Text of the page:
with 'chile' (Mexican pepper). Some of the chile eaten in Mexico is so 'hot' that I could not
possibly eat it, but the natives swallow it with glee, although it brings tears into their eyes.
After a mouthful, they immediately drink pulque . When the witty governor saw that I shied at
the chile , he jokingly told me that it was rather like a fierce dog, for once it knows a person
it no longer bites. The band of an orphan asylum supplied the music, and when the majority
were full in every respect, the speeches began, even the prisoners who acted as waiters being
of the governor's presence to ask for freedom.
who understood the taurine art told me that he promised to become a star some day.
Throughout this State a member of the Charro Association accompanied me with a servant
of his, and I was delighted with the company of this gentleman who had travelled many coun-
tries informertimes. Hewasdressedinthecostume oftheregionandworelarge chaparreras
(chaps) made of tiger skin. I was sorry when we came to the border of the next State, where
my companion turned his horse's nose towards home again.
In the historical town of Queretaro another reception had been prepared for me, the towns-
folk turning out in a body to welcome us.
Among other things a jaripeo (rodeo) was given in the local bullring, where I again wit-
nessed some daring and skill. The most remarkable feat performed was when a charro tied
his rope, ending in a running noose, around his neck, and, when thus tied, roped and threw a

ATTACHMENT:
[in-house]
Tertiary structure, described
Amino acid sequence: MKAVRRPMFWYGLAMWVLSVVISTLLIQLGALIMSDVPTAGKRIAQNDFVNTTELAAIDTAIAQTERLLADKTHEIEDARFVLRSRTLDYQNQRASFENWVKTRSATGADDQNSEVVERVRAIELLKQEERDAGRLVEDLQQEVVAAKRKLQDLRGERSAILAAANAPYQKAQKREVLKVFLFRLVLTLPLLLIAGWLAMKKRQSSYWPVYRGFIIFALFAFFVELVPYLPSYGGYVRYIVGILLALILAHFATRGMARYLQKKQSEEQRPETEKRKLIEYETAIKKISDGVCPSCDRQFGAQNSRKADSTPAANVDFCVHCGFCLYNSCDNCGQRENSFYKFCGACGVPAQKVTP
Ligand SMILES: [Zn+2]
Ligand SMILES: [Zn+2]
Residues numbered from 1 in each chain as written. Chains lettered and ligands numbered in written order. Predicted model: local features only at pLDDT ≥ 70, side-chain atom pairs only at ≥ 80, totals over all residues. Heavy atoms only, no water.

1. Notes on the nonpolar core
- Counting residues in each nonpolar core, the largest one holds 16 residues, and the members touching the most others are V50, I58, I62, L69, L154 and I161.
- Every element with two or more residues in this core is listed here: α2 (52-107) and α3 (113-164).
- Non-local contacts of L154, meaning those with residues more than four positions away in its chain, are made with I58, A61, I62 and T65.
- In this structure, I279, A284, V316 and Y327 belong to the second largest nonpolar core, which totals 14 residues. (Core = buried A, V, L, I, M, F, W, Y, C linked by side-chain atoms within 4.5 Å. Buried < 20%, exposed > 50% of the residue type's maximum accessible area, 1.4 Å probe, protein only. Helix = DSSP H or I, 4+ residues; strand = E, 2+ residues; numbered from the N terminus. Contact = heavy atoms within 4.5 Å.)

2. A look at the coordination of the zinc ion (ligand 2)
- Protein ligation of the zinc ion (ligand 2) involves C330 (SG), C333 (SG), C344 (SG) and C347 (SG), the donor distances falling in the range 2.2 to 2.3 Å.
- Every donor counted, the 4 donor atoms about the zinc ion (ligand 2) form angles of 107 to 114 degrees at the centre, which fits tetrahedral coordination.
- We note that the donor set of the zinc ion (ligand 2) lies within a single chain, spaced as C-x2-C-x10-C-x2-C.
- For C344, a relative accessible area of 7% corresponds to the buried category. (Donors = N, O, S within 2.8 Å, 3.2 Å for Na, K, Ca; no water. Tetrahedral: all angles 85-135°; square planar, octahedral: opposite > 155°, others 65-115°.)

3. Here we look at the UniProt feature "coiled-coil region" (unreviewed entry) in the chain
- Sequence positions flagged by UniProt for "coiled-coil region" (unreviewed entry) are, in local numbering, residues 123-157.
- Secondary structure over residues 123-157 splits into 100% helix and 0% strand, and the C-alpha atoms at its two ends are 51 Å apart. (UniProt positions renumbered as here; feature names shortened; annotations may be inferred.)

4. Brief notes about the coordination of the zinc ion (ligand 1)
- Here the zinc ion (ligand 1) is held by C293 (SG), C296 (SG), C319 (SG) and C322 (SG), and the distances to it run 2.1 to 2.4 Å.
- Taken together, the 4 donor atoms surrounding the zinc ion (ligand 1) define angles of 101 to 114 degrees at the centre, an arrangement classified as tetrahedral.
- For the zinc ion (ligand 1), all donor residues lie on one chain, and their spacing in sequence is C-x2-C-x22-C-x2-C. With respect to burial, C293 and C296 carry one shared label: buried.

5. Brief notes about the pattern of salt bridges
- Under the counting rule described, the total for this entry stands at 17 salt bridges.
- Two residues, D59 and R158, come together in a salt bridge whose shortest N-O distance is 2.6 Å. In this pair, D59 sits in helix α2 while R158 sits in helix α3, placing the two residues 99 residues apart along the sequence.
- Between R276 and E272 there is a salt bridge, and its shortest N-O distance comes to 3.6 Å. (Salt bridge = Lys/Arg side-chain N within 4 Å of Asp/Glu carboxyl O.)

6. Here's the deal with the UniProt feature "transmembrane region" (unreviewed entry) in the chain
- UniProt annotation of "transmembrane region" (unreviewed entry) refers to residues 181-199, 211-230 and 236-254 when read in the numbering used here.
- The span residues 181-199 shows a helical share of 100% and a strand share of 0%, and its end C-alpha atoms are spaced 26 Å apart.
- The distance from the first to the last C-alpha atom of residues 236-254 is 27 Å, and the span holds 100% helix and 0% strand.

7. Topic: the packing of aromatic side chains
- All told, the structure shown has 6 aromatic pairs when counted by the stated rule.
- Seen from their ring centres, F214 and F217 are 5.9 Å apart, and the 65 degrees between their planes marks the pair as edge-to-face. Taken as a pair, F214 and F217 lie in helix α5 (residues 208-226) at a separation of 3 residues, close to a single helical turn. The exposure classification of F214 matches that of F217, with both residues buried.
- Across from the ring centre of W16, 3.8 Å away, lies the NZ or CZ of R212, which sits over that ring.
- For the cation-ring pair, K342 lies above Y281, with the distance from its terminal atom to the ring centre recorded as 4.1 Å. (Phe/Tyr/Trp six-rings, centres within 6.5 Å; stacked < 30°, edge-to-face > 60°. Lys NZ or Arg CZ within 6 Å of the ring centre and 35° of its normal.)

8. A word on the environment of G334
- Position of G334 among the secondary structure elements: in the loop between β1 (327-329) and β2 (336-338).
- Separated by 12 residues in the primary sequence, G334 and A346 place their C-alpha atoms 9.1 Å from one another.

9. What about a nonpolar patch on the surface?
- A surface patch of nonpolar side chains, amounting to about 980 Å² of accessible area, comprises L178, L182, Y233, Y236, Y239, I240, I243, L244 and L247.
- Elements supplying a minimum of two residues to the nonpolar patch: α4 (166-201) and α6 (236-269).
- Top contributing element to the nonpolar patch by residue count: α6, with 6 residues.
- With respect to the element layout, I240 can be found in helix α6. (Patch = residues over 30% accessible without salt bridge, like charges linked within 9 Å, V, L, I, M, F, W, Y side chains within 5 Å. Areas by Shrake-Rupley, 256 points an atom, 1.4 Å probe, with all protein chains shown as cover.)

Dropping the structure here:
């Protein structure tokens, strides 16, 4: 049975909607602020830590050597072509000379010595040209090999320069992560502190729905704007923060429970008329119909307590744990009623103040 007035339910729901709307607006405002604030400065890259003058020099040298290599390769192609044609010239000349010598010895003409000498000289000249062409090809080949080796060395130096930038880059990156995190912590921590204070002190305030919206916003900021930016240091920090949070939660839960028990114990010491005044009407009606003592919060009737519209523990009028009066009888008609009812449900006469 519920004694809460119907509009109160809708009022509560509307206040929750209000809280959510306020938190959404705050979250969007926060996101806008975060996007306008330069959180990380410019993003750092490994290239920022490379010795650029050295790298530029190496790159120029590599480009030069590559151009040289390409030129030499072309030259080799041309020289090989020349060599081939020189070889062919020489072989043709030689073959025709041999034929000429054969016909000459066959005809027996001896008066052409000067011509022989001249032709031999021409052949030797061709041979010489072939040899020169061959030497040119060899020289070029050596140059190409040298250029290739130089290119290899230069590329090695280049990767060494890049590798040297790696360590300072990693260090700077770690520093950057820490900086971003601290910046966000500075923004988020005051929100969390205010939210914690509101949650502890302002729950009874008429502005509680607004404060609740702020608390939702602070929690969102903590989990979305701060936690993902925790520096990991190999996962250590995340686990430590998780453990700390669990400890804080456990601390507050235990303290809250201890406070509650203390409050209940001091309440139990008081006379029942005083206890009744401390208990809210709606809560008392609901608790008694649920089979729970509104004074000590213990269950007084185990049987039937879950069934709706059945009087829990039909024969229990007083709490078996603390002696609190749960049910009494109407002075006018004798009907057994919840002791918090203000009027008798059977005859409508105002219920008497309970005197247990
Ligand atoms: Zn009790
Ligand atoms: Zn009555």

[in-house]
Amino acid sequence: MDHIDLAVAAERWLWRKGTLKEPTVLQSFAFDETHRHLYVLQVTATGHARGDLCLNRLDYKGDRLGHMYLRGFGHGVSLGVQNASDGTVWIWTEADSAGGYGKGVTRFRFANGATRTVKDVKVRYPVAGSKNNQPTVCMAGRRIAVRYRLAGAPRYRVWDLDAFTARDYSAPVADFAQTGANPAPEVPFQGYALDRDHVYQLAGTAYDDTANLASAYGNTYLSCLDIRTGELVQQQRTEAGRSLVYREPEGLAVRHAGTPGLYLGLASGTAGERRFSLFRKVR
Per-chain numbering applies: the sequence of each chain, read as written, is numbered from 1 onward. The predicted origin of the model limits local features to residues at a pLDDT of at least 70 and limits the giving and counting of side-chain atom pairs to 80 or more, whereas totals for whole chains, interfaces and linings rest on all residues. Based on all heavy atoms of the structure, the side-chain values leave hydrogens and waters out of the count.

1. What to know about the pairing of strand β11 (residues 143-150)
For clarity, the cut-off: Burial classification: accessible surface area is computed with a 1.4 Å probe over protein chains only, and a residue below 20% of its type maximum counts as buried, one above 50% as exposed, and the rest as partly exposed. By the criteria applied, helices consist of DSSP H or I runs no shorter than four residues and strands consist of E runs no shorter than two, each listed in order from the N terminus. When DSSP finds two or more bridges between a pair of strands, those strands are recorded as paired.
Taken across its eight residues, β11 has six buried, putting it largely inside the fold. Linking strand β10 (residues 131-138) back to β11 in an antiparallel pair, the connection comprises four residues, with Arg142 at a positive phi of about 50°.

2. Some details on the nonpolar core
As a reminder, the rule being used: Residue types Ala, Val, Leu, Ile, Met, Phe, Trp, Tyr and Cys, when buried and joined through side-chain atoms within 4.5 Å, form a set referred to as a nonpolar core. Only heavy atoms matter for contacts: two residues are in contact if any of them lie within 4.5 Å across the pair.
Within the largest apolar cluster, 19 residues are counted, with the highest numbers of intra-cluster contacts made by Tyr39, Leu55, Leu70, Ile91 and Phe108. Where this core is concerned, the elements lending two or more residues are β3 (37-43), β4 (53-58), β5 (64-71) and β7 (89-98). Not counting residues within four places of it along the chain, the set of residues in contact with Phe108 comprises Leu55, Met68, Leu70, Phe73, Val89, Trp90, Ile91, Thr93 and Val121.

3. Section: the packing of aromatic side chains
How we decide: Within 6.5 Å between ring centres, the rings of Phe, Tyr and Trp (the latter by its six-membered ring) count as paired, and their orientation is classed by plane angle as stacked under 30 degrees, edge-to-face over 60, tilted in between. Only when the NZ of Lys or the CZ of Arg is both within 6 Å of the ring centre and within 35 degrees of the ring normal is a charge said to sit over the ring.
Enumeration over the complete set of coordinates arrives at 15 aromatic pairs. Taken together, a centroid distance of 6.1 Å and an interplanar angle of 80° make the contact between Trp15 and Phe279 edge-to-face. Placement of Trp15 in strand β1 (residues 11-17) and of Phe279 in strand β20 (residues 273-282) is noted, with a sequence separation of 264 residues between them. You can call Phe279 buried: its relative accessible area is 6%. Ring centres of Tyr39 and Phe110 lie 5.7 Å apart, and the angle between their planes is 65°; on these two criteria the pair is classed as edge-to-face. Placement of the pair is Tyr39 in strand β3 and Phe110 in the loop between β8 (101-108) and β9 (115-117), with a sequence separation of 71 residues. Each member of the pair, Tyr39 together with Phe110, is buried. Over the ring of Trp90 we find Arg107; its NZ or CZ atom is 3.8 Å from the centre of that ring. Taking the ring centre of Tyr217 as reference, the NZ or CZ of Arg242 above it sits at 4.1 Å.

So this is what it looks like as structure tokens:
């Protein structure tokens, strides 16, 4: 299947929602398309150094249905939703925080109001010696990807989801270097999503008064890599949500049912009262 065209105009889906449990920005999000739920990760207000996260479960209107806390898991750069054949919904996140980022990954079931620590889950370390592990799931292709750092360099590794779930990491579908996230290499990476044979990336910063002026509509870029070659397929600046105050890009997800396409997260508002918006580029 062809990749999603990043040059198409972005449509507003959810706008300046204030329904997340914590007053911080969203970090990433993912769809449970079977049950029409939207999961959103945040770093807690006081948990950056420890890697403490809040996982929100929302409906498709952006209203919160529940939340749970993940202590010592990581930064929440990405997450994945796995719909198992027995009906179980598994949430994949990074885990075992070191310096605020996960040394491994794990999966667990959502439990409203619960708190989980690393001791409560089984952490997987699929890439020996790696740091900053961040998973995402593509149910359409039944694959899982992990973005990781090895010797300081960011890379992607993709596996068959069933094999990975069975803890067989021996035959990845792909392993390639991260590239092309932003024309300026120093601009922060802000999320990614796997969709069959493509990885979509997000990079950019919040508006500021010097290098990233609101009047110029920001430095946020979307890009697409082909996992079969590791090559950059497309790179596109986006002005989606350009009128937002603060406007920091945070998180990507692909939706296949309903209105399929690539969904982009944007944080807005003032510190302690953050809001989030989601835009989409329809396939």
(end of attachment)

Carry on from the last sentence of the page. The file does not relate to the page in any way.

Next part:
wild horse. The slightest mistake in judgment would probably have been fatal, but even after
having done the trick once, he twice successfully repeated it. To make things more difficult,
he did all manner of fancy twirling and skipping through the rope before lassoing the animal,
which he did without stopping to take aim, bringing the horse down in a flash.
I shall never forget how a man of the crowd suddenly appeared in the bullring and came
staggering towards the place where I sat. It was obvious that he had been celebrating freely,
and that in consequence his balance was not what it ought to have been. When he was dir-
ectly in front of me he saluted in real bullfighter's style and proclaimed to the universe that he
would ride any bull in my honour. The crowd greeted this promise with wild applause, for it
was obvious that we were in for a bit of very dangerous fun.
Alively andverynasty-looking bullwasthenletinandlassoed, andwhenaropehadbeen
sharp horns into the rider on his back. It was not long before the man lost his balance and fell
off, but his left hand remained stuck under the rope by which he had been hanging on, and
the infuriated bull dragged him along, all the while throwing his head back and ripping open
the unfortunate fellow's shirt. The crowd was wild with delight, although it looked as if the